Back to the Basics: Do You Have Budget for This?

Virinchi Duvvuri


on August 8, 2018
How many of you have “asked for budget” in your sales process? It’s ok… you’re not alone :). Now you may all know this, or at least that’s what I thought, until I started running into prospects that had this question in their qualification process. So, for those who still don’t believe that this is a bad idea, here’s the issue: What savvy buyer, who you are still building a relationship with, is going to give up their leverage by telling you they have budget? None of them. The exceptions are the people with whom you have a relationship. They are the ones that will give you a hint on how much they have. Your job is to ask enough QUESTIONS to get them to tell you the main puzzle pieces so that you can put together the best budget picture. So, here’s how I coach my reps on discovering the budget: First and absolutely foremost, the customer will find the money if you make a case for them needing your service/product. Discovery WITHOUT interrogation is the key here and a relationship is important to start asking questions that matter. In other words, when the customer says “By the way, I don’t have budget for this.” they mean “I am not giving up my negotiating advantage”. Again, why would a VERY busy executive spend any time with you if they weren’t interested? Then: 1. Create a power map (relationship map, pain map, blah blah blah). There are so many names for this same thing. It’s all the same. Put people’s names in a set of boxes to help you navigate your sale. Do this in Excel, a napkin, the back of your favorite sales book….you get what I mean. JUST DO IT! Here’s how we do this in’s relationship plan: How to ask the budget question to prospects 2. Identify the person who has the money and ultimately needs to sign off on the expenditure. There are SO MANY sales methodologies that help you identify the “FOX” or the “ECONOMIC BUYER”, etc. This is dependant on your industry. For us, it’s the CFO. We use Navigator to figure this out along with some other sources and add them to our map. 3. Meet with your sponsor (the person that is going to help get the next set of meetings, usually the person who asks for the demo) and ask them a few questions after your discussion/demo:
  • You sound like a pretty senior person (ego), is this something you would sign off on?
  • Have you spent this much on a tool/service before?
  • What are you currently using for XXXX? – takes courage!
  • Do you guys like it?
  • What are some of the issues?
  • …and then “when is this up for renewal?”
  • …and then “how much is the renewal?” – takes courage!
  • Does your CFO get involved in these discussions?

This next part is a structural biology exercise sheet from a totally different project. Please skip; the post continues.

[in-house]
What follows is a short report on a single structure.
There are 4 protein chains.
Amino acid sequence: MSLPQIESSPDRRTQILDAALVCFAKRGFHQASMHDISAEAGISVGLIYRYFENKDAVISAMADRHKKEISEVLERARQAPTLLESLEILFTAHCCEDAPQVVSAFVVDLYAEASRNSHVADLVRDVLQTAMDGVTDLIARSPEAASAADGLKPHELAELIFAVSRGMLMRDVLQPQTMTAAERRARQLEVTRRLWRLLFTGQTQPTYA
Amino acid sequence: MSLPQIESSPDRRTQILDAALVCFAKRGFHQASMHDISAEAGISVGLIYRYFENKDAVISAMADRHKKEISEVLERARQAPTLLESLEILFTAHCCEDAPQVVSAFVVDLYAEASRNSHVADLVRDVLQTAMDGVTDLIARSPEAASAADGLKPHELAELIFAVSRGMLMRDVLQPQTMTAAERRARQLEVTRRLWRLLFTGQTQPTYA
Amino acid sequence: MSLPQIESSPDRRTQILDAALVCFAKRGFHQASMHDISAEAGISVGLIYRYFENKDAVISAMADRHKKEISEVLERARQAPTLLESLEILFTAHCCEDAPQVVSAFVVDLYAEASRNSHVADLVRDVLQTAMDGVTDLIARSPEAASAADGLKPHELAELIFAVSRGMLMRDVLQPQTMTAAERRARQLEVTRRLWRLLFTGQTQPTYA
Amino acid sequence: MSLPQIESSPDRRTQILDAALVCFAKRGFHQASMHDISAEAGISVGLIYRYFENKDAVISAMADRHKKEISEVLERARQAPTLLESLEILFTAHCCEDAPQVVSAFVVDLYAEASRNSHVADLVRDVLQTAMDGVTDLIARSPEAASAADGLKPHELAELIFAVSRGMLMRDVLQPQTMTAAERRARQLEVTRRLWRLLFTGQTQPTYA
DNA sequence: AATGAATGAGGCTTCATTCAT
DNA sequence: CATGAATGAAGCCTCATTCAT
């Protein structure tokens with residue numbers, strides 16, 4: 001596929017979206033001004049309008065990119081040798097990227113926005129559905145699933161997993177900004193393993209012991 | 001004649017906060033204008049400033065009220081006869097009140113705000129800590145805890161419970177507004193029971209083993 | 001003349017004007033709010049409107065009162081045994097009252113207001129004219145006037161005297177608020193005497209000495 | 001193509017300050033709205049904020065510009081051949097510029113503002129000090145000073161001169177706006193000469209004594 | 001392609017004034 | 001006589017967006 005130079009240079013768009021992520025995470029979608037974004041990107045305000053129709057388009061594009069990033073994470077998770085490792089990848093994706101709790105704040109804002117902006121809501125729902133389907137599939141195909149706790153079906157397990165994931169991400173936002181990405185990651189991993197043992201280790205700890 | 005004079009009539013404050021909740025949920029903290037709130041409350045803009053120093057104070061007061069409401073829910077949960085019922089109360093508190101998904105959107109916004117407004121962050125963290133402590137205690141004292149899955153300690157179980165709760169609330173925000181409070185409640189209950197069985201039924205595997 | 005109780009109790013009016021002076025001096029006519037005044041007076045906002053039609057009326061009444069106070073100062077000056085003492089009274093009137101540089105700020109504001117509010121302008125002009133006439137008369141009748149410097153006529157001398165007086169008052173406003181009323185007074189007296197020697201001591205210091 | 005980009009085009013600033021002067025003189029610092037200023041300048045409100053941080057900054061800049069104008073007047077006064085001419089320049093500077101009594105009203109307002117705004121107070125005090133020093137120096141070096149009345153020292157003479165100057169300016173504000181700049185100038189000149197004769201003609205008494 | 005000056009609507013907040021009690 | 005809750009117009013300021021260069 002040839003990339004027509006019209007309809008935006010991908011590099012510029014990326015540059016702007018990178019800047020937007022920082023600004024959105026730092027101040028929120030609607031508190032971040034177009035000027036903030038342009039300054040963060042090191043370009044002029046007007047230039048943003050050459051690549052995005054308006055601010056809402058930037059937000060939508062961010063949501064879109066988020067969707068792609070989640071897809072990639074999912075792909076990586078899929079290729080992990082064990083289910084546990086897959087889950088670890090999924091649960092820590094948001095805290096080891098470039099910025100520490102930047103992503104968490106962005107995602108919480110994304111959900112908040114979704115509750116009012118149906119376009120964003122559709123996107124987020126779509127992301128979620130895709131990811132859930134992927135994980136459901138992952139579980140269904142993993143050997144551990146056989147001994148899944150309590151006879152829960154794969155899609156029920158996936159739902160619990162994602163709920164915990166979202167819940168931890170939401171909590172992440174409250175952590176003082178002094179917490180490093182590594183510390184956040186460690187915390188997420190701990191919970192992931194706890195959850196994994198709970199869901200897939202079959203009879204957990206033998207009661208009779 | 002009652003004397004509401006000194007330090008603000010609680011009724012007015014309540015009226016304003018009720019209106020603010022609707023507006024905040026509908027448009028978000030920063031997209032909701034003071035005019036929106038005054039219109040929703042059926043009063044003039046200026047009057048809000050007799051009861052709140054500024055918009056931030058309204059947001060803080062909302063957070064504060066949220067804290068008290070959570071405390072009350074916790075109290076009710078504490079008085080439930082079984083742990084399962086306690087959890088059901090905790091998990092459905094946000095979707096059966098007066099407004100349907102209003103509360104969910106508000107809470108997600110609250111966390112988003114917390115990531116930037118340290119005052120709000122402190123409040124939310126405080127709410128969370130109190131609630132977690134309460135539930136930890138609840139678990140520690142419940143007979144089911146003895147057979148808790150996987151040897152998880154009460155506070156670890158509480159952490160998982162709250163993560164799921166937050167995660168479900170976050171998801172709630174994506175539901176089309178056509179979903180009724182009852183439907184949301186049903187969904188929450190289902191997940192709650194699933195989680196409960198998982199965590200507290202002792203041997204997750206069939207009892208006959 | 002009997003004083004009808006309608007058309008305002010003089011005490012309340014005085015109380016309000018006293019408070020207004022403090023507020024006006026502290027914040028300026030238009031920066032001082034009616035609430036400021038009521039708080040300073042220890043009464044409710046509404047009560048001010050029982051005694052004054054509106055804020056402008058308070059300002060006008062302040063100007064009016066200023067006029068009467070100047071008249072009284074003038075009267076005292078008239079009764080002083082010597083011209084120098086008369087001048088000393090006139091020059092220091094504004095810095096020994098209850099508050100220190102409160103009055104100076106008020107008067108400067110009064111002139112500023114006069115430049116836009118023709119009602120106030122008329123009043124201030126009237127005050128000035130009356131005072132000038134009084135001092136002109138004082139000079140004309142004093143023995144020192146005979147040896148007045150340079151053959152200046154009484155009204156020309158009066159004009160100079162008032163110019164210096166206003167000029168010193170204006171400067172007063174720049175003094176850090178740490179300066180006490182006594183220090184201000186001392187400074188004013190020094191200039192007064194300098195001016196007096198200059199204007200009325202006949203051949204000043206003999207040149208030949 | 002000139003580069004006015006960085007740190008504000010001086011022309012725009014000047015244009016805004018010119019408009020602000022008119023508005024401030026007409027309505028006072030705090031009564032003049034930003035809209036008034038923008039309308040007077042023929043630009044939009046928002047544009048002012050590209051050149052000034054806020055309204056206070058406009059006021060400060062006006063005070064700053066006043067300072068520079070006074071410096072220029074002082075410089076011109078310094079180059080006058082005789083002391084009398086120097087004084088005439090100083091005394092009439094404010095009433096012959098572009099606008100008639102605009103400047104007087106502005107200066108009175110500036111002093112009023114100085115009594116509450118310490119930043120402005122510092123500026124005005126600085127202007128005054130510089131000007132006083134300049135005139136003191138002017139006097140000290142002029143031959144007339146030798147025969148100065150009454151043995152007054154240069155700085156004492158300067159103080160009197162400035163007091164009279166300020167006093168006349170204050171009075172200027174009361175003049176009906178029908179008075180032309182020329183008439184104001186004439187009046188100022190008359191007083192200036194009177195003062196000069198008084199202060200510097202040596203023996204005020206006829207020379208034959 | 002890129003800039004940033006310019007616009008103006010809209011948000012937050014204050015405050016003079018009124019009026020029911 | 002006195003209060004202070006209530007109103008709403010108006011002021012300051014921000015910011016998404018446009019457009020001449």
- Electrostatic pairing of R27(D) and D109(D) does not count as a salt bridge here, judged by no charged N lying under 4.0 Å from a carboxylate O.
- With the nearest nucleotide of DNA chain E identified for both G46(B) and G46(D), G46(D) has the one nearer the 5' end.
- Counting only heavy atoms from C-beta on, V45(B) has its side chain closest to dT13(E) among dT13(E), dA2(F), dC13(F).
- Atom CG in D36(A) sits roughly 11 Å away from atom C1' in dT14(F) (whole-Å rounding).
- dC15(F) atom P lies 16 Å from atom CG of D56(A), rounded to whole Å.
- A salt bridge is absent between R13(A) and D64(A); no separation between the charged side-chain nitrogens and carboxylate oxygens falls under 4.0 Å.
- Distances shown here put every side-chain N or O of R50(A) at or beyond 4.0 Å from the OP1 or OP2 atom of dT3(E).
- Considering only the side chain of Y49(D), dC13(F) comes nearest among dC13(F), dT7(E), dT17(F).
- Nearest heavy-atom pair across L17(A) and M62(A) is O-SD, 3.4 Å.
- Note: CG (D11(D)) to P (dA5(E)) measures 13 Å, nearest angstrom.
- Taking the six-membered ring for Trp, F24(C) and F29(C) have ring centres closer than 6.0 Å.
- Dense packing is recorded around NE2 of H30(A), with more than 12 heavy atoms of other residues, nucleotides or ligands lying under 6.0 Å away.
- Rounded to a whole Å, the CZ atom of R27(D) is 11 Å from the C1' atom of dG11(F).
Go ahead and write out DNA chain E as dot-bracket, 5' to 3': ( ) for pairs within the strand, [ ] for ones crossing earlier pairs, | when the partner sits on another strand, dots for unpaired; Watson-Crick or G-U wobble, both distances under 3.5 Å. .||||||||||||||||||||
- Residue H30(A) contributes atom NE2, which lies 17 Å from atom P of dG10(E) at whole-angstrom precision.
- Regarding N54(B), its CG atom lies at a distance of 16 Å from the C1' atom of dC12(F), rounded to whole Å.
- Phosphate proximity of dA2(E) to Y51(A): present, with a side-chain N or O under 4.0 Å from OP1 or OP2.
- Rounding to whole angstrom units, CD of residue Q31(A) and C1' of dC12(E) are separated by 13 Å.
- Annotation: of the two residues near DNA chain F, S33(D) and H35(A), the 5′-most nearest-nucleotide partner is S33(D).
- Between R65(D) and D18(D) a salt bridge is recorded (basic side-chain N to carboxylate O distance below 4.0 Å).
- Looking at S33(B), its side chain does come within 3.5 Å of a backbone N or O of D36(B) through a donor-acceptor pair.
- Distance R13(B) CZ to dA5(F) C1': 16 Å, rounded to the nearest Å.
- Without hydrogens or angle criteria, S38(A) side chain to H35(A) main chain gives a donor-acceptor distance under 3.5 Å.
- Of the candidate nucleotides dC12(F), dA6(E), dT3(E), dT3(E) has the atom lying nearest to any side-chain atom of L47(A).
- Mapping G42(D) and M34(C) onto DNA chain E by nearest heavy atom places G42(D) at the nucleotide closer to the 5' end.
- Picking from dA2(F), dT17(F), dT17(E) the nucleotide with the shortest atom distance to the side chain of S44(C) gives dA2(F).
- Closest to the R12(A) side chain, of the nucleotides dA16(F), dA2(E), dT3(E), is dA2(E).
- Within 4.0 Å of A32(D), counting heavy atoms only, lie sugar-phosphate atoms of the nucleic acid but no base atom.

• Who runs the board meetings?
Now that you have some of the pieces to create the budget picture, start updating your power map with these details and keep following the path to the MONEY! Here are some other tips that Russ Mikowski, CEO of METERX (check them out) and member of the New York Revenue Collective, suggests: “I spend a lot of time early-on trying to figure out what the buying process would look like if we were to be chosen as vendor of choice. This can help to save valuable time during the sales process – as well as help to assure that you have the opportunity appropriately staged as you move it through your CRM pipeline. I might ask “If you were to be convinced of the value associated with our product, what would next steps look like? Would procurement be involved? Who runs the legal process? How long does the entire cycle typically take? You’ll be surprised to discover that many prospects (even a fair percentage of those tagged as “economic buyers”) don’t actually know how their company buys software! This is actually a GREAT opportunity for you to take some control of the sales cycle and work with the customer on a jointly developed evaluation/buying plan – with dated milestones that you can hold them accountable to – perhaps in exchange for a promised go-live date or some preferential contract language. Also, to Virinichi’s point above about budget and prospects being unlikely to “show their cards” – I couldn’t agree more. In fact, at the last company for which I held a head of sales role (iCIMS), we moved away from BANT qualification for this very reason. In my opinion, BUDGET as a proxy for qualification is antiquated. Budget will always exist if enough value/ROI is associated with a product or service. Money can be moved from one vendor to another and contracts can be creatively structured to help address specific short-term financial needs (think contract tiering, delayed billing, etc). At iCIMS we moved to the acronym MPP to replace BANT – with those letters standing for Money, Power, and Pain respectively. “Money” was effectively intended to ascertain whether a company could AFFORD our product if they saw value – which is a LOT different than having remaining funds available in an allocated budget :)” Remember….COURAGE is the key to validating HOW someone will pay for your service/tool. Your job is to ask the right questions at the best time and get the puzzle pieces to get the answer. Now…how cool would it be to see HOW STRONG your relationship is and if the DECISION MAKER is a SUPPORTER? Schedule a demo today to see’s relationship plan in action. Happy selling! V.

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